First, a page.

It’s been much longer than I intended to be away from this blog… but, intensions are are strange things. They are like promises nagging to be kept and I’ve decided to keep this promise to myself and resume this blog tonight with a simple evening tale.
There’s an old metal bridge across the Merrimack River in Massachusetts… downriver from the towns of Haverhill and Lawrence and Lowell and a dozen other old mill towns whose power source was the river itself. The old Bates Bridge is being replaced by a new concrete structure and an arched design of the kind that says ‘modern’ and ‘up-to-date’ in the same way that the old flat metal design says ‘out-dated’… it’s faded green paint and growing rust a temptation for macro-grunge lovers like me. I was hoping to get to the bridge sooner but it was after 4 in the afternoon and the dark shadows of a winter’s afternoon are not the best time for that kind of photography.
So, as I drove away along the south side of the river, I noticed that the river was clogged with ice from the recent cold temperatures and covered with the heavy snowfall of the weekend ‘Nemo’ storm. I stopped to capture an image or two of the ice and the construction site under the two side by side bridges. I began to wonder if the amount of ice and the forces it could bear on the barges holding 3 enormous cranes for the construction companies could be a potential problem… when a strange craft came from under the bridges and proceded to push the ice around. As it did, the floes drifted away from the big ice pack and floated harmlessly down the river past the barges. An Ice-breaker! Round and round it went clearing the ice from the river while comuters traveled across the old Bates Bridge north and south… home from work to Haverhill or Groveland on either side… oblivious to the work going on below on the river.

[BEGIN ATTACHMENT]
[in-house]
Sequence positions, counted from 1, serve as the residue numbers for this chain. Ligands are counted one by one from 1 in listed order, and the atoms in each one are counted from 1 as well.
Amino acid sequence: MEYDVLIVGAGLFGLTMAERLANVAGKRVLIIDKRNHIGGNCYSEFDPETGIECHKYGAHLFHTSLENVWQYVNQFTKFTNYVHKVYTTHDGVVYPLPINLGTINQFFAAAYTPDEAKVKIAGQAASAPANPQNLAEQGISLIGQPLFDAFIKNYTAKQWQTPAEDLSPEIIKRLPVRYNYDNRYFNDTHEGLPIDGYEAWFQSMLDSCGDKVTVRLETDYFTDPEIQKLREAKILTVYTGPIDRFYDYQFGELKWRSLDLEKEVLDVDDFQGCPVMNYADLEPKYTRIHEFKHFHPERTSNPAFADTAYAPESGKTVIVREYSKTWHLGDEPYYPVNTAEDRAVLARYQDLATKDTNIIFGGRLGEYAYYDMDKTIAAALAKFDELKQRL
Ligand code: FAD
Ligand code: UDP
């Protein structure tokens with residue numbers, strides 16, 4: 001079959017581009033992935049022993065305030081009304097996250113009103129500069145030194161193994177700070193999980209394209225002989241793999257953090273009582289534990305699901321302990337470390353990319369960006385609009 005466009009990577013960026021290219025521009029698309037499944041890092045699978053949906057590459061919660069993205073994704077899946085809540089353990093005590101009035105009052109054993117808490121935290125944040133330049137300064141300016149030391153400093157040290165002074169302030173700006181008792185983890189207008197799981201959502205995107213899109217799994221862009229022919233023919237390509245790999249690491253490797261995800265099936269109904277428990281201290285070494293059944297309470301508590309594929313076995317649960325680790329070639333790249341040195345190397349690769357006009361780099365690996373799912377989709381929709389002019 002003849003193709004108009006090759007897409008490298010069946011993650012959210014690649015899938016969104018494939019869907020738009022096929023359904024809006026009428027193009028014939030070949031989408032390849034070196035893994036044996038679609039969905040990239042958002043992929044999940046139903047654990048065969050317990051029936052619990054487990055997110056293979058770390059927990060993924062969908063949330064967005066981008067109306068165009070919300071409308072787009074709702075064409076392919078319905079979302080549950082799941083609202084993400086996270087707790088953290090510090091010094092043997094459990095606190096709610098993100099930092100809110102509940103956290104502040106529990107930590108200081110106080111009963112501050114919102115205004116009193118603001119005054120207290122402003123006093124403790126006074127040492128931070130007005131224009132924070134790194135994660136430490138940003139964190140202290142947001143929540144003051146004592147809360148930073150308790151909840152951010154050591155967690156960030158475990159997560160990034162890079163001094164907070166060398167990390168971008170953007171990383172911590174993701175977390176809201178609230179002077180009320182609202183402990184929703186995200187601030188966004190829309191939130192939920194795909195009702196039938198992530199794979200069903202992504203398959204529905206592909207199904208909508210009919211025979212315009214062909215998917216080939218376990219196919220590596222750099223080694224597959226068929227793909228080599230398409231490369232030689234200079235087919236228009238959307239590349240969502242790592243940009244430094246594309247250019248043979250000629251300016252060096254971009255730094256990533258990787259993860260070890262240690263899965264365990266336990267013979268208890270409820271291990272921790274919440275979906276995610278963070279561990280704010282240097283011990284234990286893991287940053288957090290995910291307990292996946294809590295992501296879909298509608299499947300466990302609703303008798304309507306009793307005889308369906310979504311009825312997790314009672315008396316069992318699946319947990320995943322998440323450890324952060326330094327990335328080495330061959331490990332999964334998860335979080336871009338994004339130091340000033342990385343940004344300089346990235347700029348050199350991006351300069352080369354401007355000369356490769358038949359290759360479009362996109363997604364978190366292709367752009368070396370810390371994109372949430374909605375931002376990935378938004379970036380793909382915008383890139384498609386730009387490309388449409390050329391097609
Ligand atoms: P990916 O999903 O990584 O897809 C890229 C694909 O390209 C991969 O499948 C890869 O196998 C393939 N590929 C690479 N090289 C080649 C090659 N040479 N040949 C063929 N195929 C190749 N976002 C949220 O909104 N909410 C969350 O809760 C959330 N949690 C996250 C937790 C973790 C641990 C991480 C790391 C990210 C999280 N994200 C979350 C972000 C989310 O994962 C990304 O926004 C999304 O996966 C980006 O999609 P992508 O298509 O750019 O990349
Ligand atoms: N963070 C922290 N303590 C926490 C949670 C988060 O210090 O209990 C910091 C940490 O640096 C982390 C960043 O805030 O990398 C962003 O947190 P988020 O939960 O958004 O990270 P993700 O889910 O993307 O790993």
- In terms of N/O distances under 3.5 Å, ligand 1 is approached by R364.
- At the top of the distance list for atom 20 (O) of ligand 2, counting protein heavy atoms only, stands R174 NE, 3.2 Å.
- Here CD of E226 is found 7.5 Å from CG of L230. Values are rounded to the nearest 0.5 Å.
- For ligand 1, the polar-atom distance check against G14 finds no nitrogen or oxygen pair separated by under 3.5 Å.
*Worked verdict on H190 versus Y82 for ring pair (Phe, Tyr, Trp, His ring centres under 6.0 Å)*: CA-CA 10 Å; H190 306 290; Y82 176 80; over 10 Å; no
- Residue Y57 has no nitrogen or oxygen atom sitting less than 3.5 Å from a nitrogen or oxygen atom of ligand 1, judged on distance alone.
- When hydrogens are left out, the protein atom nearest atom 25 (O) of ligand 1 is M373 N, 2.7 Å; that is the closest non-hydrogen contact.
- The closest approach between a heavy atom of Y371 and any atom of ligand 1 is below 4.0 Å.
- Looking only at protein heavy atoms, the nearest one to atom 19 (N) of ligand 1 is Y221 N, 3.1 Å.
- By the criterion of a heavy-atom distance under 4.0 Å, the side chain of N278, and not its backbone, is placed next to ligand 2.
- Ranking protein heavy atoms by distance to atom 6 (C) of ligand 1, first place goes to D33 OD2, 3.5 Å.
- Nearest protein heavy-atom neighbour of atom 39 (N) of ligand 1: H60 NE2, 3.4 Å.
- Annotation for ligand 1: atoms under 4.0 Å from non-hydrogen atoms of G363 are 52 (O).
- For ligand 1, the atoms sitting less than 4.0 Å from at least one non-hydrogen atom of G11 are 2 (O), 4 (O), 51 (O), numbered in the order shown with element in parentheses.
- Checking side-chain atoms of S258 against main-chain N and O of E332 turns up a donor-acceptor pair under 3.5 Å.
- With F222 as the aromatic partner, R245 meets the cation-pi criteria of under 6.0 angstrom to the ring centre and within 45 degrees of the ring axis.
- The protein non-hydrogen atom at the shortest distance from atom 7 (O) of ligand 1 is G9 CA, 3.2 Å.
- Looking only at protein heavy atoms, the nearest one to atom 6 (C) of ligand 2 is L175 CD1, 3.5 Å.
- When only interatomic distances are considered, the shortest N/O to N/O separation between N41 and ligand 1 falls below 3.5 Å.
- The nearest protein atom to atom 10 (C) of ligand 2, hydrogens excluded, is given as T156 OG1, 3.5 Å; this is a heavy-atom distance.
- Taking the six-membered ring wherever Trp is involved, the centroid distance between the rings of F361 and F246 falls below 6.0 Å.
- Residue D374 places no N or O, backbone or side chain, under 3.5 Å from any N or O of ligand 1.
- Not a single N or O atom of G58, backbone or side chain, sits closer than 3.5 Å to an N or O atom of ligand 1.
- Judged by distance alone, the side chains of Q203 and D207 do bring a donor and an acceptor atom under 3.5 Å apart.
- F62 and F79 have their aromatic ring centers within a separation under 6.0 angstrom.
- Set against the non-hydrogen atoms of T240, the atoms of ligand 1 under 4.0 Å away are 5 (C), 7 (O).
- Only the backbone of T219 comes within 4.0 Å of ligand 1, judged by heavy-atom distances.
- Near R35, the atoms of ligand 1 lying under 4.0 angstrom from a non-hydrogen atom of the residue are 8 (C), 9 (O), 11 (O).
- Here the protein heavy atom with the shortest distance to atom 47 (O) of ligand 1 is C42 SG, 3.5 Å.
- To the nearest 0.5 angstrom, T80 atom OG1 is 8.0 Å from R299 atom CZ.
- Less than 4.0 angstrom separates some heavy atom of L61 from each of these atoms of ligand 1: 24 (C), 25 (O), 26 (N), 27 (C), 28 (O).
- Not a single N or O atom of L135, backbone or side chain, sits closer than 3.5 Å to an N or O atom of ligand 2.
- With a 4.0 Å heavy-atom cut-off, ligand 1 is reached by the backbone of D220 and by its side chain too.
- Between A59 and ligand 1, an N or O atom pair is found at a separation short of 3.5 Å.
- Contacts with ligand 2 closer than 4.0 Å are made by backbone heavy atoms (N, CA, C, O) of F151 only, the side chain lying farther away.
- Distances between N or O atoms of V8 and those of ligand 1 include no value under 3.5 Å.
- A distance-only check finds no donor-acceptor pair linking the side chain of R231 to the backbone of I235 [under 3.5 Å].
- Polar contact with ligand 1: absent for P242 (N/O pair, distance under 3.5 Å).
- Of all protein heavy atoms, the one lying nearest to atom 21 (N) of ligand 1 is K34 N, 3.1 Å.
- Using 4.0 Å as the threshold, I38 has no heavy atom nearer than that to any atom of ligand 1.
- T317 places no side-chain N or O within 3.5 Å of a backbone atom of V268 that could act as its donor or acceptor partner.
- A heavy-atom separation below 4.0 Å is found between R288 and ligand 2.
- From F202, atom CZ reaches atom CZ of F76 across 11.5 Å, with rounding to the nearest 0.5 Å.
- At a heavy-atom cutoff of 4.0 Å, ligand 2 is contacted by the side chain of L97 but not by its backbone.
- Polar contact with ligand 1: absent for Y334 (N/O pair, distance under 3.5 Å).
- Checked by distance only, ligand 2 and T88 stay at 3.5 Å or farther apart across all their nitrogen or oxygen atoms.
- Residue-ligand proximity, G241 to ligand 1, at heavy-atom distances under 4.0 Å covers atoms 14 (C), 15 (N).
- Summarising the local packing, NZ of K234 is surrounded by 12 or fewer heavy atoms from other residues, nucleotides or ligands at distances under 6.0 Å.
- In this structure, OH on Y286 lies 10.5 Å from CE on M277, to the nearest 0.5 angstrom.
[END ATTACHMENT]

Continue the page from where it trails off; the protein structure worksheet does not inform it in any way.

It was so quiet from where I stood. Only the sound of the boat to break the stillness of a quiet New England scene. In the opposite direction… a promise of a sunset to come… but, I couldn’t wait. Another time, another sunset on the Merrimack.
Beautiful pics…I can feel the crisp coldness and hear the crunch of snow under boots and feel the stillness of the scene.
Susana Weber said:
Thank you, Karen. I really appreciate your impressions of the scene. There are few areas of ‘peaceful repose’ in our lives and when I find one it’s hard to tear away!